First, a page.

When we talk about historic preservation around here, that includes some wild and woolly history.
Arlington was once home to a Binion family gambling casino and a horse racetrack, and both will be celebrated Saturday along with the highway connecting them on a day devoted to the city’s less savory but more colorful past.
Before pastors trained at Arlington Baptist College, it was the nationally famous Top O’ Hill Terrace gambling casino, 1930s and ’40s haven for oil millionaires, Hollywood celebrities and the occasional Texas Rangers law enforcement raid.
Founder and racehorse owner Fred Browning later took in gambler “Benny” Binion as a partner, leading to the casino’s claim as “Vegas Before Vegas.”
“When Browning founded it, his timing was just perfect,” said Dallas historian Jim Gatewood, 87, one of several historians speaking Saturday at a $25 afternoon fundraising event and tour.
With Texas oil booming, Top O’Hill would take in $50,000 to $100,000 any night from dice, roulette and blackjack players.
Millionaire Howard Hughes brought movie stars from California, and the “restaurant” featured big-name swing bands, all in a basement room behind five doors.
On one of the Rangers’ raids, a captain and sergeant crept a mile to the back fence unnoticed by armed guards and then used wire cutters to get inside the sprawling estate of flower gardens and hidden tunnels.
(Law officers raided it several times, but the charges never seemed to stick.)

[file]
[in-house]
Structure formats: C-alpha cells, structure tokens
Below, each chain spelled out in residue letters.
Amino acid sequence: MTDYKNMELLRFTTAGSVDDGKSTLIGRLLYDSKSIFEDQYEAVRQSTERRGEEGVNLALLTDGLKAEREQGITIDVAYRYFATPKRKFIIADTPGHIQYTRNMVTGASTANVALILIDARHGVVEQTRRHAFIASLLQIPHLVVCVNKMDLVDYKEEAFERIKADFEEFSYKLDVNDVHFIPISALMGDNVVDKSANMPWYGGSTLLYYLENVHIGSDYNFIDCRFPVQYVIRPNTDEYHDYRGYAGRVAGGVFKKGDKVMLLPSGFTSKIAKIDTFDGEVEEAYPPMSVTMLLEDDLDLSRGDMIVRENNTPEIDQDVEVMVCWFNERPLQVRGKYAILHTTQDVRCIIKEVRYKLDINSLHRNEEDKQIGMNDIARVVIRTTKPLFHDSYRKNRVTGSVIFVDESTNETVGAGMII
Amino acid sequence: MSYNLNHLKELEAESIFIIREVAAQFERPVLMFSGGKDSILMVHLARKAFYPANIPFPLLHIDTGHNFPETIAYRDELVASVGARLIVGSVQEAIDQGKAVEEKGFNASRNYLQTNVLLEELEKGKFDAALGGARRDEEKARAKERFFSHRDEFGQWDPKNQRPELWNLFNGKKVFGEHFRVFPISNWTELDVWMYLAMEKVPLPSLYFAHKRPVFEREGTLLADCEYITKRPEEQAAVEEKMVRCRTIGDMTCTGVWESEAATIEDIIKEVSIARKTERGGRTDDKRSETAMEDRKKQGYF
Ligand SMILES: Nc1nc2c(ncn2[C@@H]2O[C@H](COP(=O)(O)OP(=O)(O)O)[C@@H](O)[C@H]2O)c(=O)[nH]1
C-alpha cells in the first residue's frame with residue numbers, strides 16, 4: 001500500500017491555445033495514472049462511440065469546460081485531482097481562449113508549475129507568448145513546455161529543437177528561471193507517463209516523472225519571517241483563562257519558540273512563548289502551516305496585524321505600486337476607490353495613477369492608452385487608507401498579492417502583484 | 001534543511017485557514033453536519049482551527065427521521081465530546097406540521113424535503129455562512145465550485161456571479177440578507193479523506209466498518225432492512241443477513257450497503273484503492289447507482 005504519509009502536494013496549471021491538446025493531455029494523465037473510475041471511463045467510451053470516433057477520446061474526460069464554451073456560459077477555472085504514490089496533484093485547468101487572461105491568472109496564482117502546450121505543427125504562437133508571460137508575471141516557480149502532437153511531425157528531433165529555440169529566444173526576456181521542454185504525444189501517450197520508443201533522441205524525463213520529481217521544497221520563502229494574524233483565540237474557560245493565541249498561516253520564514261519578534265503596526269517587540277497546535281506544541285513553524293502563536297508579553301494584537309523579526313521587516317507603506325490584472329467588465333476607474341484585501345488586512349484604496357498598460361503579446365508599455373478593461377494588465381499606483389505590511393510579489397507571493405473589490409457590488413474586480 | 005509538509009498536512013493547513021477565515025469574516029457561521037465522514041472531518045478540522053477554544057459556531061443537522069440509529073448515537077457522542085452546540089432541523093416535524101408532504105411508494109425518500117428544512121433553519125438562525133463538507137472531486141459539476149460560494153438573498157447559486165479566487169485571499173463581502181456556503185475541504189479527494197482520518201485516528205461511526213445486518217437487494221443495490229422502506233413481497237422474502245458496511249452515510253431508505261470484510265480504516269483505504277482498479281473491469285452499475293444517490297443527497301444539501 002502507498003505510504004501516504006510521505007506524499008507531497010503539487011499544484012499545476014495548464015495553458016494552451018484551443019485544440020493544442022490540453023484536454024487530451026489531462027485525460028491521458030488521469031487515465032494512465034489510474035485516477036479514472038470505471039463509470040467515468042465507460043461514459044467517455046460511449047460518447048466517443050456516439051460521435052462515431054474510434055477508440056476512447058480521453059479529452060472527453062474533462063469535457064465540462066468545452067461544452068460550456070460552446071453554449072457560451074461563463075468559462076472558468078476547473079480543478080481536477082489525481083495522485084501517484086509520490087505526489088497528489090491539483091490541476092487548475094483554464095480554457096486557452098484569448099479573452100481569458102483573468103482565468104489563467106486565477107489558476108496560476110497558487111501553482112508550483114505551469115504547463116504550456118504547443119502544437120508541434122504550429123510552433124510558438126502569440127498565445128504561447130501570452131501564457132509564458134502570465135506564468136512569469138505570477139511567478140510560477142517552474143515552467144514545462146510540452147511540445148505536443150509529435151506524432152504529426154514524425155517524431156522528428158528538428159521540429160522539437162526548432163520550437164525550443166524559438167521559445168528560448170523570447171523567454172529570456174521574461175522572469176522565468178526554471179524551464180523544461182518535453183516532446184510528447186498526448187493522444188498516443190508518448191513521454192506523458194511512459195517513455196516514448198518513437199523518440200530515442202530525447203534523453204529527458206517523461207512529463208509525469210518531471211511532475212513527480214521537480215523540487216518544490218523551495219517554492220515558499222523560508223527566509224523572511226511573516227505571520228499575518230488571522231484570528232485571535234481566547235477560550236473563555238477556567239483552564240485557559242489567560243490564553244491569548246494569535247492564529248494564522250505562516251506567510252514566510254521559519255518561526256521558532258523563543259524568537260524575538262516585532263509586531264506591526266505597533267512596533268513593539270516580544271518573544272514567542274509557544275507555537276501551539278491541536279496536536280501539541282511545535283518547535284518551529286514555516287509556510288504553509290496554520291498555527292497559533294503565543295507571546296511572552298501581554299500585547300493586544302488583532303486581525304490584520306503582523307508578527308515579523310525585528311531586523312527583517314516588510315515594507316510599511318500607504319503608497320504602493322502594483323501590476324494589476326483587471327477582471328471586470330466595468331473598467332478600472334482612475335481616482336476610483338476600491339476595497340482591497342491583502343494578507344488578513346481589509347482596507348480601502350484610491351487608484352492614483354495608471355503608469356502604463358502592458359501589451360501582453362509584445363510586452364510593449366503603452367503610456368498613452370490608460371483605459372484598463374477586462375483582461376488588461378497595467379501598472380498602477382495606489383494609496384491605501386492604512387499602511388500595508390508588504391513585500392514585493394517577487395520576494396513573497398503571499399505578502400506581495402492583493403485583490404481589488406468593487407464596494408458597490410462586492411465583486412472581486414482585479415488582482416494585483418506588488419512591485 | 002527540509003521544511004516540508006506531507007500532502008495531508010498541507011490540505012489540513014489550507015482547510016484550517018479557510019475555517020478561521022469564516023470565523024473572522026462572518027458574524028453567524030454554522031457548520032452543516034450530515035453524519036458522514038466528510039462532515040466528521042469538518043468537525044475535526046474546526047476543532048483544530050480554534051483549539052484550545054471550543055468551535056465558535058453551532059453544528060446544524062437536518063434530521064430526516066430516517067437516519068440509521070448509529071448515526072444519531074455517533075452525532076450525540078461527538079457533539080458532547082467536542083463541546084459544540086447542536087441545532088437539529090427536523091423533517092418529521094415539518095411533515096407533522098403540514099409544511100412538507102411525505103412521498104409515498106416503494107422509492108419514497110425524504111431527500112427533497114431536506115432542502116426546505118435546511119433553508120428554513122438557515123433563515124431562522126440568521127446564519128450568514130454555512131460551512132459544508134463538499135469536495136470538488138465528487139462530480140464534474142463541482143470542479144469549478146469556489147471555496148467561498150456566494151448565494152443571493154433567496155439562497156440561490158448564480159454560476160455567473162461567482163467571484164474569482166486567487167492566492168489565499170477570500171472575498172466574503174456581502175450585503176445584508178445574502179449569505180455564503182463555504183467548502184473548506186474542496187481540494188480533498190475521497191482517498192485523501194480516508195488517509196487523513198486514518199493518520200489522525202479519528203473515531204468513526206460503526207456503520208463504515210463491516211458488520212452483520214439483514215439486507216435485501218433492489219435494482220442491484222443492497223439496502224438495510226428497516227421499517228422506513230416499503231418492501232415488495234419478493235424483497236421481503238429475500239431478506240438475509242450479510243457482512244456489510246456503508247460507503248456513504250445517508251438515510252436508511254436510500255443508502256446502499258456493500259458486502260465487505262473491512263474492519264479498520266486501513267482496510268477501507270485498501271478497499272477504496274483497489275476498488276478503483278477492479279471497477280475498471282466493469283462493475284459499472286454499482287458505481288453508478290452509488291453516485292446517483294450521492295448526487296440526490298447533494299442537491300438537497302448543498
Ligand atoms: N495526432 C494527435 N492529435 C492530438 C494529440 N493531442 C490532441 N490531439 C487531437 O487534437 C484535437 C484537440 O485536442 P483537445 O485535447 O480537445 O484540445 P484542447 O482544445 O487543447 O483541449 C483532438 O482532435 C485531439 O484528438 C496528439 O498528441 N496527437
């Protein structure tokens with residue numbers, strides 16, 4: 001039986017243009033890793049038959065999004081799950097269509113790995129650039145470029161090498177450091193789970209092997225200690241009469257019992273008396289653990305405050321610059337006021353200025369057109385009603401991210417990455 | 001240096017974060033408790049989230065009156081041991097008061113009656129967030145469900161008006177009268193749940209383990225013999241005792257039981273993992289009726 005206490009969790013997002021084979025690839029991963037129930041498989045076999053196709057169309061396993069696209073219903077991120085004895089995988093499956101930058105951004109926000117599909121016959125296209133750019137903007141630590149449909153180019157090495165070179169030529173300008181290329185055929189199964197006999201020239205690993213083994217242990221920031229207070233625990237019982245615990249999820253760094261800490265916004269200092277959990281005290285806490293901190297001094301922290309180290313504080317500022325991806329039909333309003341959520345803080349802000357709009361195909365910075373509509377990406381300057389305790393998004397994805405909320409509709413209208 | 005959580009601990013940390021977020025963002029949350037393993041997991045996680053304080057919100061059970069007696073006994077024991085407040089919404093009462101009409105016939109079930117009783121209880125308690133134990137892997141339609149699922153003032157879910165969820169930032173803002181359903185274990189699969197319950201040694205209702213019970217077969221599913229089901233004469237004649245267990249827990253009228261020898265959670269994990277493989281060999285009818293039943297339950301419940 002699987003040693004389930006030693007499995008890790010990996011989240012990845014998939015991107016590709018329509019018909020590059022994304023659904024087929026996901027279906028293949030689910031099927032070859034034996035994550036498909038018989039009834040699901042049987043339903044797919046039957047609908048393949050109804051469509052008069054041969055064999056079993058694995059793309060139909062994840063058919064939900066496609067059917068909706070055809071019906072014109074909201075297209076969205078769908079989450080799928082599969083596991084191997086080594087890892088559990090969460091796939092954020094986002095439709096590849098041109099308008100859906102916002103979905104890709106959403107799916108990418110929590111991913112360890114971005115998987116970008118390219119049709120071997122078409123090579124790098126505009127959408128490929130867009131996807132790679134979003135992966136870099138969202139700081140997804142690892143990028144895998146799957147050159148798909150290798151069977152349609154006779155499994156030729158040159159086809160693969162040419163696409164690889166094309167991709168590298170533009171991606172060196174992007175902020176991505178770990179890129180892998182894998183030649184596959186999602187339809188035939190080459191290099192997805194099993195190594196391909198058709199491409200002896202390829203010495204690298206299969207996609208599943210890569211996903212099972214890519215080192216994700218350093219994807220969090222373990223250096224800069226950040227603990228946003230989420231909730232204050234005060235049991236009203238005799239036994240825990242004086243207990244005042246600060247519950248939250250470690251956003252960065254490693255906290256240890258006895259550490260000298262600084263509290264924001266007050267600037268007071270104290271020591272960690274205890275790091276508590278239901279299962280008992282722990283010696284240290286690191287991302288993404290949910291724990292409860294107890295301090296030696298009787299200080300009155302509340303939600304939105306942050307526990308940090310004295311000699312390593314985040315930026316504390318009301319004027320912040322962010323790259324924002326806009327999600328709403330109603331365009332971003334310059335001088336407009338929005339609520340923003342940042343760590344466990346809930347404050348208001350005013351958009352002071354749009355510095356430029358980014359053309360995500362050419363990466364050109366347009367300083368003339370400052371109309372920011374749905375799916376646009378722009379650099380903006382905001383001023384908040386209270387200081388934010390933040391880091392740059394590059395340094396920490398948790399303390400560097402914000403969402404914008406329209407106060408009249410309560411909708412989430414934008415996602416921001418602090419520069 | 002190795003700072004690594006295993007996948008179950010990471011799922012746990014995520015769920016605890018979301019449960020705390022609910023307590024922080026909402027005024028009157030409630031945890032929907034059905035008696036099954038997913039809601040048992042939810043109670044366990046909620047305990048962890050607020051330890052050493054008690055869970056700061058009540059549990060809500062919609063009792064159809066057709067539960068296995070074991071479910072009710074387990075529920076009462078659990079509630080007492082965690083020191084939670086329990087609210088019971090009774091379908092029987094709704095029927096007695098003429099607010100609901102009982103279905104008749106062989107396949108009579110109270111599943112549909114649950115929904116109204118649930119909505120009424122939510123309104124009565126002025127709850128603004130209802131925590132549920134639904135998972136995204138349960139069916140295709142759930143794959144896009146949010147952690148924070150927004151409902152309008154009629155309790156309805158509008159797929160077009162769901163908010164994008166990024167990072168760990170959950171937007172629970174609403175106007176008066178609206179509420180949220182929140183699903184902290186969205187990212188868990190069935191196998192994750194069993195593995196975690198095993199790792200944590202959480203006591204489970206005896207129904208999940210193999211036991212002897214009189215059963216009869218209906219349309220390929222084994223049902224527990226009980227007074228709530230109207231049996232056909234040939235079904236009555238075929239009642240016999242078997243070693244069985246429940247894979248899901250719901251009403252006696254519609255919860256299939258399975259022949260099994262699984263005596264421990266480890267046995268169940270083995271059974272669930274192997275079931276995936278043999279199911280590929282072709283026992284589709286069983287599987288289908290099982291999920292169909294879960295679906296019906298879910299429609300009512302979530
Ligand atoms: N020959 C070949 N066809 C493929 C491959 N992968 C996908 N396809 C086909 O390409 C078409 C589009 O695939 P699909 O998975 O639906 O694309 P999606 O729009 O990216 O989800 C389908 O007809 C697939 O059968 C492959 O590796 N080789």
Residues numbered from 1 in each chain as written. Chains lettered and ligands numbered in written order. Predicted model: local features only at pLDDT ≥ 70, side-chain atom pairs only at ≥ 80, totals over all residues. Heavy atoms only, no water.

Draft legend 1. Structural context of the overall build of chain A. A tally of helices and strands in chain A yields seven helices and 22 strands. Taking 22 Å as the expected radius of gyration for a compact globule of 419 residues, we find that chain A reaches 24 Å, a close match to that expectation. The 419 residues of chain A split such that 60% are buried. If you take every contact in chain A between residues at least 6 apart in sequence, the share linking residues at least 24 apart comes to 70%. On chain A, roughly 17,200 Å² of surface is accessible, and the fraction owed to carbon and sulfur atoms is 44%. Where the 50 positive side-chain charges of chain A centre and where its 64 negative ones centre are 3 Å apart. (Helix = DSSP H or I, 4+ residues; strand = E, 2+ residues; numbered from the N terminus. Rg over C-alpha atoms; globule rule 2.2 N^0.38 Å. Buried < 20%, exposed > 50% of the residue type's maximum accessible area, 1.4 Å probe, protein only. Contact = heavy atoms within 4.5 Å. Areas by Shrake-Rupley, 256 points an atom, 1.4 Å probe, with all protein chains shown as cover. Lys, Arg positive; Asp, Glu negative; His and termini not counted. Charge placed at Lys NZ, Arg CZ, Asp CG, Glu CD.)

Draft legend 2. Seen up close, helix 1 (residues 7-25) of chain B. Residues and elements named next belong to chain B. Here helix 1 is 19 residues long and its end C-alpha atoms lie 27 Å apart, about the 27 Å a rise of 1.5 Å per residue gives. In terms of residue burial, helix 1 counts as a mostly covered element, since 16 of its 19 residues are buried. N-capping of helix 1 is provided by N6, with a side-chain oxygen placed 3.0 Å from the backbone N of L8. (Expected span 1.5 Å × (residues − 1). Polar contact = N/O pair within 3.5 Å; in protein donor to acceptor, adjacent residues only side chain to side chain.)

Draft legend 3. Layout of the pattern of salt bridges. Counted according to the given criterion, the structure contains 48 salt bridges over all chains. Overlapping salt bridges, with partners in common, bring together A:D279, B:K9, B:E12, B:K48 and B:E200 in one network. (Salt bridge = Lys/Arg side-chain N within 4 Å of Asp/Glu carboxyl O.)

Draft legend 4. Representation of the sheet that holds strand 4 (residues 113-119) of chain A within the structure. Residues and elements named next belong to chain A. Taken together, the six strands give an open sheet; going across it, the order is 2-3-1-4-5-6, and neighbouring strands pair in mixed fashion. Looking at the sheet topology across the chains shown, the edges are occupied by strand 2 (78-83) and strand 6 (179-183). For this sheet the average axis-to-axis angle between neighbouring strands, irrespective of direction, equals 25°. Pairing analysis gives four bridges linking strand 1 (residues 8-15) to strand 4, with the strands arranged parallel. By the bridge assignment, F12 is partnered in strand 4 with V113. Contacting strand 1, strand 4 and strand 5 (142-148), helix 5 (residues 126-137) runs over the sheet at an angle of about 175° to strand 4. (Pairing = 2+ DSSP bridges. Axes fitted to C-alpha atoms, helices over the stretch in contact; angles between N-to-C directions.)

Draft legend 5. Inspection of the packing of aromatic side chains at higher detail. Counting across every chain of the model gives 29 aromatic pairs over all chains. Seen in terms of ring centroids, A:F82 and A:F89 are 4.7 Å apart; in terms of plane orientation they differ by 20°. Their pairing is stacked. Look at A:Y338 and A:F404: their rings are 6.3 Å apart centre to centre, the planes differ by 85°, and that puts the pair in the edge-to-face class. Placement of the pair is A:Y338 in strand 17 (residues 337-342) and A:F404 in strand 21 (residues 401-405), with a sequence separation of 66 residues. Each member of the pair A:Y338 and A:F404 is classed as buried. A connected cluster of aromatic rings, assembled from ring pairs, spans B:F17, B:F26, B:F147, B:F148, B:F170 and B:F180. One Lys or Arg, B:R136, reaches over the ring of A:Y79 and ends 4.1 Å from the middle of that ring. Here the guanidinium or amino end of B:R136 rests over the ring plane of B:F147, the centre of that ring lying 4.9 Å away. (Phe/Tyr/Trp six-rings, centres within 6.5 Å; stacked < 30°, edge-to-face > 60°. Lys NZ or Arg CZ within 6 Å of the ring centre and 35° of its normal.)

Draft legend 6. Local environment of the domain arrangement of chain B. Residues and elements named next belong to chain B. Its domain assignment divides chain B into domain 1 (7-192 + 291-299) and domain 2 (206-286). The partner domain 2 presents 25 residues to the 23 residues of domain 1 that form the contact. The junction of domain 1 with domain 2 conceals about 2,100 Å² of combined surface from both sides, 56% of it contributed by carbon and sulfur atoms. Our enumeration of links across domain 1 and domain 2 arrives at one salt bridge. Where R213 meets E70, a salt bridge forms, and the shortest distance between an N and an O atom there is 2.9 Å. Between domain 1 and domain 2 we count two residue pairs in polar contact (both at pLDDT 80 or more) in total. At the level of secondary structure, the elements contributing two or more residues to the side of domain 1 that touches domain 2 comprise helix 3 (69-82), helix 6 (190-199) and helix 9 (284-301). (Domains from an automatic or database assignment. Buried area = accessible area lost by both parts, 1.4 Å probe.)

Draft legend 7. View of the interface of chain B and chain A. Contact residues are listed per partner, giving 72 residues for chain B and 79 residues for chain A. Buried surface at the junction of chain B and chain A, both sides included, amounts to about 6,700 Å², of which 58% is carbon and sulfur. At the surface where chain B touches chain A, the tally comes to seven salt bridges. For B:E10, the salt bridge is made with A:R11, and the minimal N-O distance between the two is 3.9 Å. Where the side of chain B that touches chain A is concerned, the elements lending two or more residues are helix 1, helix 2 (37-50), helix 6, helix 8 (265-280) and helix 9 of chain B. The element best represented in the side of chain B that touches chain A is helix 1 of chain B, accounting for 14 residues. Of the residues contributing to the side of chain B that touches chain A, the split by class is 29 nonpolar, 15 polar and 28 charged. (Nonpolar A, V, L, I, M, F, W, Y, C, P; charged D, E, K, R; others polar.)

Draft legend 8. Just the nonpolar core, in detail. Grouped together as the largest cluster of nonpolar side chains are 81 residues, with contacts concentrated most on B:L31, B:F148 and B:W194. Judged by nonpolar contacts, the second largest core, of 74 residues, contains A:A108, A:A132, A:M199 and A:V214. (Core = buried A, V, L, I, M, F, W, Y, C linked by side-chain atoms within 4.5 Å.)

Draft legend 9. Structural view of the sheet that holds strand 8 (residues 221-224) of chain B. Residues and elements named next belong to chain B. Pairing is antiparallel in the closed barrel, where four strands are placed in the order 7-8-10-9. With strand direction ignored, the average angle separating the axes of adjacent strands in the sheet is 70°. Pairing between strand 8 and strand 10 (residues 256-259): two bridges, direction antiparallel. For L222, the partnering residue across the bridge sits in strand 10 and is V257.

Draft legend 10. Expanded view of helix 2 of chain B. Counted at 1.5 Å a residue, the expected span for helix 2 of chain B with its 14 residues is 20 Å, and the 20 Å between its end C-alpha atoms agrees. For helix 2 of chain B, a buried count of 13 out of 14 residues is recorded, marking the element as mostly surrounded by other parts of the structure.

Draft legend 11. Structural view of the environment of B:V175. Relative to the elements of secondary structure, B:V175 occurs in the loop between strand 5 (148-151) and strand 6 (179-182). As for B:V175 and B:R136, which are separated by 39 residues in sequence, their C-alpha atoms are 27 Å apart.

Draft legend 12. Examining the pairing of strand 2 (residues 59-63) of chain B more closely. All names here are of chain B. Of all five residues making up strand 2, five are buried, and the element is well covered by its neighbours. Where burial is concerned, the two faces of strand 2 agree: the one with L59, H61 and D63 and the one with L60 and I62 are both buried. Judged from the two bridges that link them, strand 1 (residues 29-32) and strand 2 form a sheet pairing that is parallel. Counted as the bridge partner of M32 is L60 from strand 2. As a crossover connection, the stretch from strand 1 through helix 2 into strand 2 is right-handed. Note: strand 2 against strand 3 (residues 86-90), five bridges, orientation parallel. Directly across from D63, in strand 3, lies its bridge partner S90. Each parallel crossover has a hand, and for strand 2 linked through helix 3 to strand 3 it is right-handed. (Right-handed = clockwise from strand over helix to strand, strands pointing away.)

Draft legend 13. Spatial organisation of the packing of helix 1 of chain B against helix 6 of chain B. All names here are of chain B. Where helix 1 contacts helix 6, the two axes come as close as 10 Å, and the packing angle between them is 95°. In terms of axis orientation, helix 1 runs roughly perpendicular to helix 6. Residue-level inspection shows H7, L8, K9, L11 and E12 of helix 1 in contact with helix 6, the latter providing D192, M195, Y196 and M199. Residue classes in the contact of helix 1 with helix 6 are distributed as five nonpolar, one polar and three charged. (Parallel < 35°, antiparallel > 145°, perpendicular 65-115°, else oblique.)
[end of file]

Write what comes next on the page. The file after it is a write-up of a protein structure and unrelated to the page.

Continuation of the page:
“The irony is that Fort Worth was known as the ‘City of Churches,’ ” said historian Richard Selcer, also a speaker Saturday.
“But there was gambling all over. Top O’Hill Terrace became the big-name place.”
Without retelling too much of the story — it’s the topic of a couple of books, one by the current caretaker — the property was eventually sold because of a bank lien and wound up as a small Baptist college.
So don’t expect liquor or gambling Saturday. For more on the event and the concurrent Bankhead Highway and Arlington Downs racetrack events Saturday, see topohillterrace.com.
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I owe Paul Sensibaugh an apology.
I quoted him here Wednesday talking about his days working at the Swift & Co. plant that was part of the City Council debate over historic preservation.
He told me about picking up meat patties off the line and packing them in cans, and I got that wrong.